Worx WR142E M700 Landroid cutting blade system is not in the middle as is with most robot mowers. Instead, the rotating disc the blades are attached to is located closer to the side of the mower so that when it follows the perimeter wire, the outer edge of the lawn gets neatly cut. Cut to edge feature is when the mower makes a loop following the perimeter wire all the way around while cutting grass. This will happen automatically from time to time, but you can trigger this manually as well.

Cutting height adjustment feature
The cutting height can be adjusted manually between 4 levels of heights from 30-60 mm (or 1.18″ to 2.36″).

3 pivoting razor-like blades
There are 2 blades types robot mowers tend to have. One is a solid blade and the other a rotating disc with usually 3 pivoting razor-like blades attached to it.

Worx WR142E M700 Landroid Robotic Lawnmower uses the second type, the small pivoting blades. These are quietersafer, and more energy efficient when compared to the solid blade. The rotating disc will sometimes start turning in the other direction so as to lengthen the lifespan of the blades. At least that’s what I read, I haven’t checked so close down there myself. ^^ As for the negatives, the pivoting razor-like blades attached to a rotating disc are a little less efficient at cutting things when compared to the solid blade.

Worx WR142E m700 9 Cutting Blades


6) Safety Features

Emergency STOP button
Apart from Worx WR142E M700 having a big emergency STOP button, being fairly quiet (up to 67 dB)moving slowly, and having a considerably weaker motor when compared to your regular lawn mower, meaning it will have a hard time with anything other than grass, along with blades being small and tucked deep under the chassis, Worx WR142E M700 Landroid Robotic Lawnmower actually has a few more tricks under its belly (learn more: “Robotic Lawnmower Safety”).

Collision, tilt, & lift sensors
While the collision sensor’s main function is to aid navigating the lawn, it’s also a safety feature. Instead of the robot mower just pushing forward with the intent to tear down absolutely everything in its path, it will instead bump into it, realize there’s an obstacle, turn, and start mowing in a different direction. Tilt and lift sensors will bring the blades to a complete stop if the mower is tilted or lifted.


7) Security Features

Lock function 
The lock function does what it sounds like: locks up the robot mower until the correct PIN is entered. It becomes locked when you press the STOP button while it’s working, for example, or when it gets stuck or whatnot and stops working on its own, and so. It gets locked when lifted, but also when it loses the Wi-Fi signal for 3 days. It can be locked or unlocked via the app as well.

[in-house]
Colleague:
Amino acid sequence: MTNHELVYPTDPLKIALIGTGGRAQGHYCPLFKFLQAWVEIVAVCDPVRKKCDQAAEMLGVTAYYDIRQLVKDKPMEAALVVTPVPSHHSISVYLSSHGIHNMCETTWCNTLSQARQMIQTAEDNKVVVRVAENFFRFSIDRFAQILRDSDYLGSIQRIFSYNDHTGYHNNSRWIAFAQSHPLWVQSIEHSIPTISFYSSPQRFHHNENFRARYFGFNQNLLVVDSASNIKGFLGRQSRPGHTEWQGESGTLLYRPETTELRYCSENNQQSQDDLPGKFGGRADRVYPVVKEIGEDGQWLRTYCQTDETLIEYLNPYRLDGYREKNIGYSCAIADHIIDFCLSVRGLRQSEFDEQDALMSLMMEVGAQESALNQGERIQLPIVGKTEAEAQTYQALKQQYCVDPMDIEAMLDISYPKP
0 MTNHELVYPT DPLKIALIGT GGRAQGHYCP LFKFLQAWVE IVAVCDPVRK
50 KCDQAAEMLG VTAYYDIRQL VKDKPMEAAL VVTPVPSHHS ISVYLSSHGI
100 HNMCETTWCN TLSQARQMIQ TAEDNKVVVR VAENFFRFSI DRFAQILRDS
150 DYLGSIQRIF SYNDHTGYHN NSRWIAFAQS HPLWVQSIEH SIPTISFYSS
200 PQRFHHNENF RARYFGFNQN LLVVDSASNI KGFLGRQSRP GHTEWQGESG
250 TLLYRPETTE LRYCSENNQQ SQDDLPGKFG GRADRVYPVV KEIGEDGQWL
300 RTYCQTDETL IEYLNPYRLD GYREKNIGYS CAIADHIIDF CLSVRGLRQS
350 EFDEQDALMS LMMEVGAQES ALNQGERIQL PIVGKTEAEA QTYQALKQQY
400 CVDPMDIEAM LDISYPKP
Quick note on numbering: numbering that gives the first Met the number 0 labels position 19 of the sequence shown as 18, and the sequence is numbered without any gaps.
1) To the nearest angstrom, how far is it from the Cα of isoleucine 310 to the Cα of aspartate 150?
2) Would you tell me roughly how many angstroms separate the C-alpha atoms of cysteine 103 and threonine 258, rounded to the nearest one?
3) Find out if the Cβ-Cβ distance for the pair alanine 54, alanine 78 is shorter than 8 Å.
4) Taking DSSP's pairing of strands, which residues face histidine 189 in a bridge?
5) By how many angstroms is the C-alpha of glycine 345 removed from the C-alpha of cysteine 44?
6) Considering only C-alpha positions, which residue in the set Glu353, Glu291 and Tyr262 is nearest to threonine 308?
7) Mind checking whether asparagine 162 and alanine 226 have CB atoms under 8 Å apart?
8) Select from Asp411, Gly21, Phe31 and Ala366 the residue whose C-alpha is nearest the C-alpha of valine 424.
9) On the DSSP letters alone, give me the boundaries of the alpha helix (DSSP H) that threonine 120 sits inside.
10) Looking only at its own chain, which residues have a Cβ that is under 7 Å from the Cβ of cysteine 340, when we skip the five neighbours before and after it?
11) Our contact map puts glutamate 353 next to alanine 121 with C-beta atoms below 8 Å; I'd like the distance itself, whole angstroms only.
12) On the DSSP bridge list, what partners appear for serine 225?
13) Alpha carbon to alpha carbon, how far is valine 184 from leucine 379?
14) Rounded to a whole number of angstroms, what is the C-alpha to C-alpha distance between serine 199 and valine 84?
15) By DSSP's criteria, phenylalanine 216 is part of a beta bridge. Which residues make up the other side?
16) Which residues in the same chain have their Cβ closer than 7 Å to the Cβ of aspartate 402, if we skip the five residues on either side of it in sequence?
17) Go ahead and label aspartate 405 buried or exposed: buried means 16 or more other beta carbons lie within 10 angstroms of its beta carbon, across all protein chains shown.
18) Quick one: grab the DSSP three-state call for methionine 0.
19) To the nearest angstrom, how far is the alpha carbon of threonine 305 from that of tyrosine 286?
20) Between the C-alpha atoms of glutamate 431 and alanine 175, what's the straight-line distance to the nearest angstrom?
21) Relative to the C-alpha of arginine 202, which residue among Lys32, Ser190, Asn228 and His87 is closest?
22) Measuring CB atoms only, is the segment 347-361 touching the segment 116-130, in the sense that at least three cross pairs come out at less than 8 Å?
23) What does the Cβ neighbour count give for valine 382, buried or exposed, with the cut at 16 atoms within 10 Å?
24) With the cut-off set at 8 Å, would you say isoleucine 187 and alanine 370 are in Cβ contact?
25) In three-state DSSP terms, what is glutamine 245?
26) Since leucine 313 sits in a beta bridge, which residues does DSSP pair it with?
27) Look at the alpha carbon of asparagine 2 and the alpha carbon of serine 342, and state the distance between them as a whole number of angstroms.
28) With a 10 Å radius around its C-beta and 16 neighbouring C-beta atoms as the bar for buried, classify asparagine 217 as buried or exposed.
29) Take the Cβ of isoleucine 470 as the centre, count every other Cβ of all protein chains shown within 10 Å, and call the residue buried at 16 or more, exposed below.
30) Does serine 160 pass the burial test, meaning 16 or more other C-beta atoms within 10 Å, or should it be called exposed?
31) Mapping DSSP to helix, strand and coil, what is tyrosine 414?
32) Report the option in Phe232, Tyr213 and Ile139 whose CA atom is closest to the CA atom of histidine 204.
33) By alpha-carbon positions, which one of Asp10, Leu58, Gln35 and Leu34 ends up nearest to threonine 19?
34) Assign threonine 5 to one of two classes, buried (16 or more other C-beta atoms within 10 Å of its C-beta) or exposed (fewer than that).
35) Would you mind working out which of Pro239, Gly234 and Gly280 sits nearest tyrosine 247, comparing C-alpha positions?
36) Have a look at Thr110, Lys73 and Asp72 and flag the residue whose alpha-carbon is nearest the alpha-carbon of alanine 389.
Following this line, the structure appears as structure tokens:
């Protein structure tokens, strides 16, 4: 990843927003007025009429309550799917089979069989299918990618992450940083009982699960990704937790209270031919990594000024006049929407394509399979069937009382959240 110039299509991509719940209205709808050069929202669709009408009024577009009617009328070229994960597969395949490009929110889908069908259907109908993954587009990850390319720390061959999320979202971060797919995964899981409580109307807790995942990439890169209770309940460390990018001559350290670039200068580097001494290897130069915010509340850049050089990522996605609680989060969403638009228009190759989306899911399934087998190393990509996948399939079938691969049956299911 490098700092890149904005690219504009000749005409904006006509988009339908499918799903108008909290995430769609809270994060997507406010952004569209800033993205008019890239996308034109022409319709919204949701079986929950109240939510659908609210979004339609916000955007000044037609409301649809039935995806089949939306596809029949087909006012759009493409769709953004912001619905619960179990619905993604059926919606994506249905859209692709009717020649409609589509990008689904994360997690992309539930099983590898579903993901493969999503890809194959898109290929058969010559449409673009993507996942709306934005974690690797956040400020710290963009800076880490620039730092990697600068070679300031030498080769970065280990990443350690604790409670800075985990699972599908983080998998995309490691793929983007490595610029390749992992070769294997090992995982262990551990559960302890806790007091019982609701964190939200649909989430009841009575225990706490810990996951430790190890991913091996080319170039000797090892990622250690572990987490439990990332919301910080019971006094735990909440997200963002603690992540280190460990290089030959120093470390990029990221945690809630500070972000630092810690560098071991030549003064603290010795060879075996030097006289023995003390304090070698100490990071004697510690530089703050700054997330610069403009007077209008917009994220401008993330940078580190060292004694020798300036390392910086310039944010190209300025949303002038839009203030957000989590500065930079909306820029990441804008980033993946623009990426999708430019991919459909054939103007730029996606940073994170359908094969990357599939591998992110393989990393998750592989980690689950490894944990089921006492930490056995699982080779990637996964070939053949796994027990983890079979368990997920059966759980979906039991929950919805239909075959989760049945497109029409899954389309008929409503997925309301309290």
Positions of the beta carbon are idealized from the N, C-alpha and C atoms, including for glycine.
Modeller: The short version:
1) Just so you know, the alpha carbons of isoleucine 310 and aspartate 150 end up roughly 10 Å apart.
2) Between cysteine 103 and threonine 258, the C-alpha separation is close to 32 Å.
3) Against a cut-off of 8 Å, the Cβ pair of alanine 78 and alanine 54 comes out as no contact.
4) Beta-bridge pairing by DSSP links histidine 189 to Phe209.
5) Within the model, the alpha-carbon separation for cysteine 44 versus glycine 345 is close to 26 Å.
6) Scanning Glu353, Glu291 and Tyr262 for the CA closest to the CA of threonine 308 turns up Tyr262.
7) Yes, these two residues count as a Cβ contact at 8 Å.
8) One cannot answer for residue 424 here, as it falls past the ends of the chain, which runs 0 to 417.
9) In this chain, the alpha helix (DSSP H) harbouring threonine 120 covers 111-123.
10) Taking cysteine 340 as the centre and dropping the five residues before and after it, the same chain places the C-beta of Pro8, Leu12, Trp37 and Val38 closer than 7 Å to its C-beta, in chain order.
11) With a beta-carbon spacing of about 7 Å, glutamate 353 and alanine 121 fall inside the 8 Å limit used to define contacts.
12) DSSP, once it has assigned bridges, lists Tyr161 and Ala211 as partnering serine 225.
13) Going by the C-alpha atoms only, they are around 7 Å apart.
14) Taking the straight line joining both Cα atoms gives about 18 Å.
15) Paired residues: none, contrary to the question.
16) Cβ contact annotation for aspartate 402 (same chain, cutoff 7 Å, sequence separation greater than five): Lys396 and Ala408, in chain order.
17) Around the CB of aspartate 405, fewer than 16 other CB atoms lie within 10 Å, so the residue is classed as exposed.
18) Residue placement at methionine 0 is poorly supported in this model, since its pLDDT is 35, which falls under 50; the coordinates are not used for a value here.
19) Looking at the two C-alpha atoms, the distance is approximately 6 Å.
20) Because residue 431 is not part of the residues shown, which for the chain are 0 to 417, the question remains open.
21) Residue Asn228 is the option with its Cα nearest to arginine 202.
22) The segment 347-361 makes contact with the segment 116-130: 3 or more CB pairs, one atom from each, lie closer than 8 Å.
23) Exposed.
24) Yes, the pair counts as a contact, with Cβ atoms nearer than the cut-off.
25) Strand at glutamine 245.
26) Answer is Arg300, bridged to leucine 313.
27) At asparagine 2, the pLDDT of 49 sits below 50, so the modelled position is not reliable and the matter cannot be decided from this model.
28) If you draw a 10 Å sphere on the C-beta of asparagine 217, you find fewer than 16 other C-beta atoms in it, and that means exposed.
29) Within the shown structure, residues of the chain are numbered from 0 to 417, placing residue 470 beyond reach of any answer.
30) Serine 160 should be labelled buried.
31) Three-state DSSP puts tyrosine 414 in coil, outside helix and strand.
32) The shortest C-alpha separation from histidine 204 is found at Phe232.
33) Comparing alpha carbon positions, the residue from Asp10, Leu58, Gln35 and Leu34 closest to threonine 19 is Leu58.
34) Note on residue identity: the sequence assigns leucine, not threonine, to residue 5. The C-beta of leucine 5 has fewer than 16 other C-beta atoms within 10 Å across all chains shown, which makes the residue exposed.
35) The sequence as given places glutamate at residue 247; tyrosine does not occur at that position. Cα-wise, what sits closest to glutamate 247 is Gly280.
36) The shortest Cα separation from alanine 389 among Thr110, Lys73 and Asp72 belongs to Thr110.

Pin code 
The default PIN code for this Worx WR142E M700 is “AAAA” on the keypad. This can be changed in the settings. Do note however that when you forget the PIN, you’re kind of screwed (read this: “In order to make Landroid as secure as possible, there is no reset procedure for the PIN that can be operated by anyone, including Landroid authorized service centers.”). So DO NOT forget the pin code!

The alarm most likely goes off after some time when it’s lifted whilst working and the PIN code is not entered. It’s a fairly loud one, too.


Additionally, you could:

Hide from bypassers
Try installing the charging station somewhere hidden from bypassers for added protection.

Use a sticker
You can custom make a sticker with fake information about its security features and put it on the mower for the potential thief to kindly return the mower once they notice it – once they realize that they can’t do anything with it without knowing the PIN code, instead of just leaving it somewhere, they might return it knowing they could still get off easy. They might…

Fake surveillance system
Putting a camera, even if fake, in an obvious easy to spot location overlooking the area will at least make the potential thief think twice.


8) Upgrade Features for Extra Cost

Off Limits module
To simplify excluding flowerbeds and the like from the cutting area without needing to drag out the perimeter wire, Worx has this Off Limits feature set offered for extra cost. It’s a magnetic strip you install around areas you don’t want Worx WR142E M700 Landroid to cut down. If the Off Limits module is plucked into the mower, this sensor can detect that magnetic strip and won’t cross it.

Worx WR142E M700 Off Limits

ACS (Anti Collision System) module
It’s an ultrasonic radar sensor that can detect obstacles in front of it and avoid collision entirely.

Worx WR142E M700 ACS

Voice Control
With this extra, when you push the big red button on the mower, it will ask you simple questions on what you want it to do next. Based on your voiced answers the robot mower starts doing its thing accordingly. Fairly basic.

Radio Link module
You get a Wi-Fi signal device and a receiver. The receiver plucks into the mower and the Radio Link device itself you connect to your internet modem/router even if it doesn’t have Wi-Fi by default. The Radio Link device creates a wifii-like signal between it and the receiver so that the mower has constant internet access.

Worx WR142E M700 Radio Link


What if you have no internet at all? What then?

Find My Landroid module
This thing provides Worx WR142E M700 Landroid with internet via its pre-paid sim card for 3 years and an annual fee after that without the need to have the Radio Link module or any sort of wi-fi or internet yourself. It also provides the mower with GPS signal, sort of an anti-theft feature.

Worx WR142E M700 GPS


What’s Included In the Worx WR142E M700 Landroid Package?

Worx WR142E M700 Package Box

Robotic Mower
Charging Station
Installation Manual
Quick Start Manual